In addition to genes, eukaryotic chromosomes contain sequences involved in ensuring that the DNA is copied without degradation of end regions and sorted into daughter cells during cell division: replication origins, telomeres and the centromere. Replication origins are the sequence regions where DNA replication is initiated to make two copies of the chromosome. Telomeres are long stretches of repetitive sequence that cap the ends of the linear chromosomes and prevent degradation of coding and regulatory regions during DNA replication. The length of the telomeres decreases each time the genome is replicated and has been implicated in the aging process.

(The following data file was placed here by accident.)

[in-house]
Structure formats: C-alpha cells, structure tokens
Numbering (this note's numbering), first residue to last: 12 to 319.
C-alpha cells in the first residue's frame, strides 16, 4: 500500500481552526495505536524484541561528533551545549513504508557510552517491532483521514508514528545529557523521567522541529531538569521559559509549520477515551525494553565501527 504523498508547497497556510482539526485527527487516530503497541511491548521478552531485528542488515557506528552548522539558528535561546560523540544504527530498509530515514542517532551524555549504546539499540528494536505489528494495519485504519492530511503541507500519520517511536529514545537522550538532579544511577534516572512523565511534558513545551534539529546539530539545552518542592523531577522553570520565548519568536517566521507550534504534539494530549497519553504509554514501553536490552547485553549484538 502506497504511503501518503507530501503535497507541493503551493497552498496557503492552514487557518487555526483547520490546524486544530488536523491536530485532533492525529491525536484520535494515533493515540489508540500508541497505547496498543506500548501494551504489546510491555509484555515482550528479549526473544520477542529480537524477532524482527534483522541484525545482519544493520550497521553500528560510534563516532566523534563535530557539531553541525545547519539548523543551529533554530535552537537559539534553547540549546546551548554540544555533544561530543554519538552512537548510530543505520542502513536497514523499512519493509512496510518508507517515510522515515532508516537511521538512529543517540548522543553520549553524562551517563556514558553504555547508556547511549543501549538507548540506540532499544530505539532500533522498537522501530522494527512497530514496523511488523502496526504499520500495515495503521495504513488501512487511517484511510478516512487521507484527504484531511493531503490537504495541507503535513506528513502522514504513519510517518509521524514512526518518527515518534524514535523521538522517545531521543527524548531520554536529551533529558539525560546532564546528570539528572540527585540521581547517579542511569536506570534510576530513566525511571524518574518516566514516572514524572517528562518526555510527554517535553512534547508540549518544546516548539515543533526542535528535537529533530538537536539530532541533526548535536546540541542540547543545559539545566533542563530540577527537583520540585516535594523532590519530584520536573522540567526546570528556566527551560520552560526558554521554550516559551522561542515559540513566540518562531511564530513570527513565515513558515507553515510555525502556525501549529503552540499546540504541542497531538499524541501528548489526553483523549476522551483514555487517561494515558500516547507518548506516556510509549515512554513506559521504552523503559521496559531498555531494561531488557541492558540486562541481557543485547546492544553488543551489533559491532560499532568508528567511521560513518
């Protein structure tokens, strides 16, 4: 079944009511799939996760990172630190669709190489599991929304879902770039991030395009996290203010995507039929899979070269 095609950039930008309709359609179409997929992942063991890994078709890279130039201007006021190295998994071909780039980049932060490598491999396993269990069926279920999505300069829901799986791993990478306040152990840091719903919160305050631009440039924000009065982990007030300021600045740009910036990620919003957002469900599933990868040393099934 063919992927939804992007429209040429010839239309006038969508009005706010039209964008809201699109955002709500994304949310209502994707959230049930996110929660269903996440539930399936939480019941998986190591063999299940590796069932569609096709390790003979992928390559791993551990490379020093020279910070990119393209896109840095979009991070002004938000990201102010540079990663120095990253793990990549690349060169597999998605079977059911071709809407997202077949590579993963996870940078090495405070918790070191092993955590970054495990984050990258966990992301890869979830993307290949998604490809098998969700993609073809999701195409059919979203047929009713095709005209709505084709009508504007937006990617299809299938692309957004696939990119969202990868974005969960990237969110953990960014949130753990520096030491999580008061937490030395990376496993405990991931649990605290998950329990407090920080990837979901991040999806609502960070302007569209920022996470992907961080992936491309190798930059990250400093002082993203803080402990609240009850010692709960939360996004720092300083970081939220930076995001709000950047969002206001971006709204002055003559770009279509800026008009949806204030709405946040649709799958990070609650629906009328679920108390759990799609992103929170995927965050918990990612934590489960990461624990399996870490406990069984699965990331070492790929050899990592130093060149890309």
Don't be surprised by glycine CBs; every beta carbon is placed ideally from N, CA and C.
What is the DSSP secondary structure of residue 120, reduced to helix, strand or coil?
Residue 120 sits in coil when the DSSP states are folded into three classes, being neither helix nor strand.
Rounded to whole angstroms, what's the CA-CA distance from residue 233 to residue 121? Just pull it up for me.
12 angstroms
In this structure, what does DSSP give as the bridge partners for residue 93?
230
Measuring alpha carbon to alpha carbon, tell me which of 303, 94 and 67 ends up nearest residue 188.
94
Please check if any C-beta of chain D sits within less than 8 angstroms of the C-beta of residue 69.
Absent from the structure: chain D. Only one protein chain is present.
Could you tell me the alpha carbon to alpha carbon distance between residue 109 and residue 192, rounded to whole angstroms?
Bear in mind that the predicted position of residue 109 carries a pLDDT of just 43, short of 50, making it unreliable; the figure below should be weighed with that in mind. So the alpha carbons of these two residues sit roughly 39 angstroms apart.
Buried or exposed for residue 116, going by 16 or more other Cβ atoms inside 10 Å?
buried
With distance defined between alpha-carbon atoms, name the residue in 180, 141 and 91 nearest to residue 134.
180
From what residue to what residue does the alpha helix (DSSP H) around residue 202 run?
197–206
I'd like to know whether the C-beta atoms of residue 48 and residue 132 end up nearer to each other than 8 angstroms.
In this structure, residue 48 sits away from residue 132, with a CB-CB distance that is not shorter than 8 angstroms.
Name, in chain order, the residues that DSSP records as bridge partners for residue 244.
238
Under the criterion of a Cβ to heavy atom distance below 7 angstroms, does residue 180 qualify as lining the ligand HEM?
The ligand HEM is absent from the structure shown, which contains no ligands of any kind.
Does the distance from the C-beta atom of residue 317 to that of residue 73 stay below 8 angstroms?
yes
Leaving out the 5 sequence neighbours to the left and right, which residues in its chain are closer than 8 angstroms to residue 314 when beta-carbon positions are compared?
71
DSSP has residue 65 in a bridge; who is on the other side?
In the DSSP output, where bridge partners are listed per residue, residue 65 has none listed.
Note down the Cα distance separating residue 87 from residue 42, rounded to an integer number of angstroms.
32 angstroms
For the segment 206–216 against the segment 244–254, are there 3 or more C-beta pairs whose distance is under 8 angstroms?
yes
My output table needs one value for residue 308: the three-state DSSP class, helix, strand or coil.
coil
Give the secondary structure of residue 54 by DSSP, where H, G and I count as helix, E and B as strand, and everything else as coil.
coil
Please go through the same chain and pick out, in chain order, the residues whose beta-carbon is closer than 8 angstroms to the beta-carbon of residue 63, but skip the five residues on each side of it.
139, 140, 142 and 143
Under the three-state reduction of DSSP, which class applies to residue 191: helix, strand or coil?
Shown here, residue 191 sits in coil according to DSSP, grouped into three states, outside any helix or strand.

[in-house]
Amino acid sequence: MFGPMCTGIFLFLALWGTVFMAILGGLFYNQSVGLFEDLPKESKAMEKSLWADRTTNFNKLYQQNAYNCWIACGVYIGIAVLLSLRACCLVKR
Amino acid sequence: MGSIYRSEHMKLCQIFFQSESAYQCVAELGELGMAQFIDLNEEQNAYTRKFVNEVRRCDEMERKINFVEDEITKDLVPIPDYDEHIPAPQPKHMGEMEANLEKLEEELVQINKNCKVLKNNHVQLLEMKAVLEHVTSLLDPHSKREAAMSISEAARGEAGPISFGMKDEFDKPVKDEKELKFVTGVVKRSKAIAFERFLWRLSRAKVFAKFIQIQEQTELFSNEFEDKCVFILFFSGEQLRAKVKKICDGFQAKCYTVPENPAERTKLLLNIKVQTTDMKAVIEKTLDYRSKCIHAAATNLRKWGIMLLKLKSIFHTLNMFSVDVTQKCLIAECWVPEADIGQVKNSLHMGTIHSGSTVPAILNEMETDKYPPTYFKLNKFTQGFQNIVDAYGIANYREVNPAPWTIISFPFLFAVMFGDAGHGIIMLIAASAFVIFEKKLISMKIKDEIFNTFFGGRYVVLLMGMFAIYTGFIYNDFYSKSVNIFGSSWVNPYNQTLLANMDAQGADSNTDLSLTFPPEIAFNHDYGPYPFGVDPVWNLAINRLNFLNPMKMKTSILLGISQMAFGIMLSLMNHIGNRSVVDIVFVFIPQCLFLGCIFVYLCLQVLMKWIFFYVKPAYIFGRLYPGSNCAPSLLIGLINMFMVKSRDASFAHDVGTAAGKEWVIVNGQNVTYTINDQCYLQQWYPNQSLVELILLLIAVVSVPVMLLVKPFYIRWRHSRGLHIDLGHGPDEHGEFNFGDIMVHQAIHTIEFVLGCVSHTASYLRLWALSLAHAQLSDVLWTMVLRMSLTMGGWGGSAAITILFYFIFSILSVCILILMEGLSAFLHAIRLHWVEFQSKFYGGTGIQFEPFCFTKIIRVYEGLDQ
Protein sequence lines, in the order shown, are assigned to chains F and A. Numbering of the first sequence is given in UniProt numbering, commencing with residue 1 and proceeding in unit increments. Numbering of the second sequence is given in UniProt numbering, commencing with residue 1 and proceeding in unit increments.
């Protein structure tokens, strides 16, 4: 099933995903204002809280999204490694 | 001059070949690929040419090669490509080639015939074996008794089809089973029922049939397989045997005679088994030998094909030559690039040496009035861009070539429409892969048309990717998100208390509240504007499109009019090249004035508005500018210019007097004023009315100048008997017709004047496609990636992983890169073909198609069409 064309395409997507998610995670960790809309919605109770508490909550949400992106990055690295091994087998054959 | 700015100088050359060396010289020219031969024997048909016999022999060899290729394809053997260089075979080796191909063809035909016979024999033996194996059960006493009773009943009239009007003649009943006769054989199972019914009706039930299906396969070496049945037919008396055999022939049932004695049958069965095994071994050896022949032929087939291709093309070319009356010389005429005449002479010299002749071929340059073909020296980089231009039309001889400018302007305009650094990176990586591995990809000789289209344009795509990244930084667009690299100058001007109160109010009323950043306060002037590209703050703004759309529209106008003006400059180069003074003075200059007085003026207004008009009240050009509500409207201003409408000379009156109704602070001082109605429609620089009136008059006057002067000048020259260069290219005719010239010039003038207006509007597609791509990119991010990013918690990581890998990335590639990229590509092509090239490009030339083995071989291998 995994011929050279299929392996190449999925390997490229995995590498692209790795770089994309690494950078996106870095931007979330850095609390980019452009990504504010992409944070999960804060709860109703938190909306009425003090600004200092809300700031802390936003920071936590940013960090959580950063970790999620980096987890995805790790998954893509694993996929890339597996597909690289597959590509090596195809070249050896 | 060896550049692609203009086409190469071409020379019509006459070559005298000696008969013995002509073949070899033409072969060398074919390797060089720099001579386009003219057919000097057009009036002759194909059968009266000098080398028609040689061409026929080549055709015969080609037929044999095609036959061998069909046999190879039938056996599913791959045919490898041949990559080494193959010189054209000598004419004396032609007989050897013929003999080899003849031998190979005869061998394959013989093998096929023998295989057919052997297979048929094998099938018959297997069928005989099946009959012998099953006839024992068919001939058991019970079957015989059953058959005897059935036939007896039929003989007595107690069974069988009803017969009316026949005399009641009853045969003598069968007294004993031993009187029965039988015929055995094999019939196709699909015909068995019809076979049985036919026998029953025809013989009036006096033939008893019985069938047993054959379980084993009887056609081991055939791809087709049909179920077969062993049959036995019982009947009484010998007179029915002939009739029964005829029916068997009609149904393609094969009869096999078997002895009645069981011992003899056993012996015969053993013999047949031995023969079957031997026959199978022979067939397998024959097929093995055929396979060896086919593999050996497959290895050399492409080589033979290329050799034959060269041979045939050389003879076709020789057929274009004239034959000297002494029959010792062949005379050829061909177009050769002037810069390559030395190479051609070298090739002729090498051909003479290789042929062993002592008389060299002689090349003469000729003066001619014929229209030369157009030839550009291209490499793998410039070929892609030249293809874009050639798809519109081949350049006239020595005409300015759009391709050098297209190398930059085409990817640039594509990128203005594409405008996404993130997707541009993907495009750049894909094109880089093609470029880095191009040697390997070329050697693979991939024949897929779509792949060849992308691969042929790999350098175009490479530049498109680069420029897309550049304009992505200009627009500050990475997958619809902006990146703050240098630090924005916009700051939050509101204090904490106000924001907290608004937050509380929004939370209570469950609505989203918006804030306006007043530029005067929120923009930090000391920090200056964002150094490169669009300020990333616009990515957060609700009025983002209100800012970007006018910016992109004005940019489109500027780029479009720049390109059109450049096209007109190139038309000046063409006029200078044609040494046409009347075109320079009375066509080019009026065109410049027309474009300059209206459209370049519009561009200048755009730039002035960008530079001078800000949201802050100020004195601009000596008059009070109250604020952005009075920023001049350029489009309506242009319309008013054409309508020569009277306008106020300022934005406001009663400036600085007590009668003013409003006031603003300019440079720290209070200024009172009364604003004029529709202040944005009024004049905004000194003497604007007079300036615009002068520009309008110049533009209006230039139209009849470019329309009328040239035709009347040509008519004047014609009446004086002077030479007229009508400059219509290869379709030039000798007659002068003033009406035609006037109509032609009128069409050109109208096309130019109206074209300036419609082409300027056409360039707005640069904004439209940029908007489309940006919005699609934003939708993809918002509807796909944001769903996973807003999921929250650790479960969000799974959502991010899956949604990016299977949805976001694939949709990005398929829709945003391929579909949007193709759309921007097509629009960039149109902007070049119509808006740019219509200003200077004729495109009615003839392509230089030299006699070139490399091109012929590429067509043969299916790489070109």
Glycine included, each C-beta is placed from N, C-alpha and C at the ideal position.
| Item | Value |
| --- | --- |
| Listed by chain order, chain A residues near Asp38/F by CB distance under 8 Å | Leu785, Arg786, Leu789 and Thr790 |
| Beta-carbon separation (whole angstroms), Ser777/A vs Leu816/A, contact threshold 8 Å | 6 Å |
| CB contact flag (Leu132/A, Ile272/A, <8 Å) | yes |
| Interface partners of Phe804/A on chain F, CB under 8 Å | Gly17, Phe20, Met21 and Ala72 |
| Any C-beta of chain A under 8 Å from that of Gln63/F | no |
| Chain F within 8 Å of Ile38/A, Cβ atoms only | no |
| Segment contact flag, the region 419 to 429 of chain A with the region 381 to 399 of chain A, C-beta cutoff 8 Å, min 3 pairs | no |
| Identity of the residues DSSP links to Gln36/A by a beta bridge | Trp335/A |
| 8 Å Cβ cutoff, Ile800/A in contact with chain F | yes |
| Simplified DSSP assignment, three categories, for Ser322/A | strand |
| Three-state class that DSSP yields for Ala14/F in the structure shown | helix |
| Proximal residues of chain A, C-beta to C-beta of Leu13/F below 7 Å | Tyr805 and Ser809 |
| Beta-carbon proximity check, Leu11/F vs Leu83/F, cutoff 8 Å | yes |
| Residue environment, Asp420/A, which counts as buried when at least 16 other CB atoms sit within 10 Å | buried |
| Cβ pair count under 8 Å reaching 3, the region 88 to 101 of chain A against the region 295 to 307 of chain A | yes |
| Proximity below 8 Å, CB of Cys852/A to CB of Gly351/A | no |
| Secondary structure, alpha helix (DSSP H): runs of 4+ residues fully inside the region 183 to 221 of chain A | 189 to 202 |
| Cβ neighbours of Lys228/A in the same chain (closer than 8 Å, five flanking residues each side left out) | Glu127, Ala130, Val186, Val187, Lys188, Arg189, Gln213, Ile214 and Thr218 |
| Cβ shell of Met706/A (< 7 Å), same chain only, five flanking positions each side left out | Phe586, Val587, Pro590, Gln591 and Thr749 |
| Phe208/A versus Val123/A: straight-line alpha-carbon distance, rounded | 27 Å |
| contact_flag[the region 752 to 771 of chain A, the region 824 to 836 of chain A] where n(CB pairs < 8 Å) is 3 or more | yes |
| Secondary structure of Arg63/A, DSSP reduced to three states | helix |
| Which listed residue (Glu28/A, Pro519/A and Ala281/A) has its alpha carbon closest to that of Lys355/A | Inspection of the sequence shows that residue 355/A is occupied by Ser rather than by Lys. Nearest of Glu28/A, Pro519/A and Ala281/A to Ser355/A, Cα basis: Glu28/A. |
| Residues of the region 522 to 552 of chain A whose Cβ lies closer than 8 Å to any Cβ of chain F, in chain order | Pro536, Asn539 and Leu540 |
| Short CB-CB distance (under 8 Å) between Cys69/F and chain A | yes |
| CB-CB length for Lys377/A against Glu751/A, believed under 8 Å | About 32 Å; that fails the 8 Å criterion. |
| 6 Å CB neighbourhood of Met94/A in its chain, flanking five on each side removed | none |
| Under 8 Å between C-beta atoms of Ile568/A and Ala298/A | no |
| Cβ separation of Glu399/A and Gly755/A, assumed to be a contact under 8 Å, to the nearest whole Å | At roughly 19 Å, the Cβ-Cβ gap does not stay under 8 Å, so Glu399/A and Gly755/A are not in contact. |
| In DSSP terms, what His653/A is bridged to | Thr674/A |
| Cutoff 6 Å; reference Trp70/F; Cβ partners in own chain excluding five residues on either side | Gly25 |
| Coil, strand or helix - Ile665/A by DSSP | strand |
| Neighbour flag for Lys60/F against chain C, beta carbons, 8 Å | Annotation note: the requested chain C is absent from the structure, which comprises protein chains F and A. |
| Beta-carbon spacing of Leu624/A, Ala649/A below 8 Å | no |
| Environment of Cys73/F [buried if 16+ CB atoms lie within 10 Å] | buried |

Genealogical DNA test

DNA testDNA testinggenealogical DNA testing
List of DNA tested mummies. MyHeritage. 23andMe.


The gain or loss of an entire chromosome can occur through errors in mitosis. More common are mutations, which are changes in the nucleotide sequence of genomic DNA. Large-scale mutations involve the deletion or gain of a portion of a chromosome. Genomic amplification occurs when a cell gains copies (often 20 or more) of a small chromosomal locus, usually containing one or more oncogenes and adjacent genetic material. Translocation occurs when two separate chromosomal regions become abnormally fused, often at a characteristic location.


genomesgenetic materialgenomic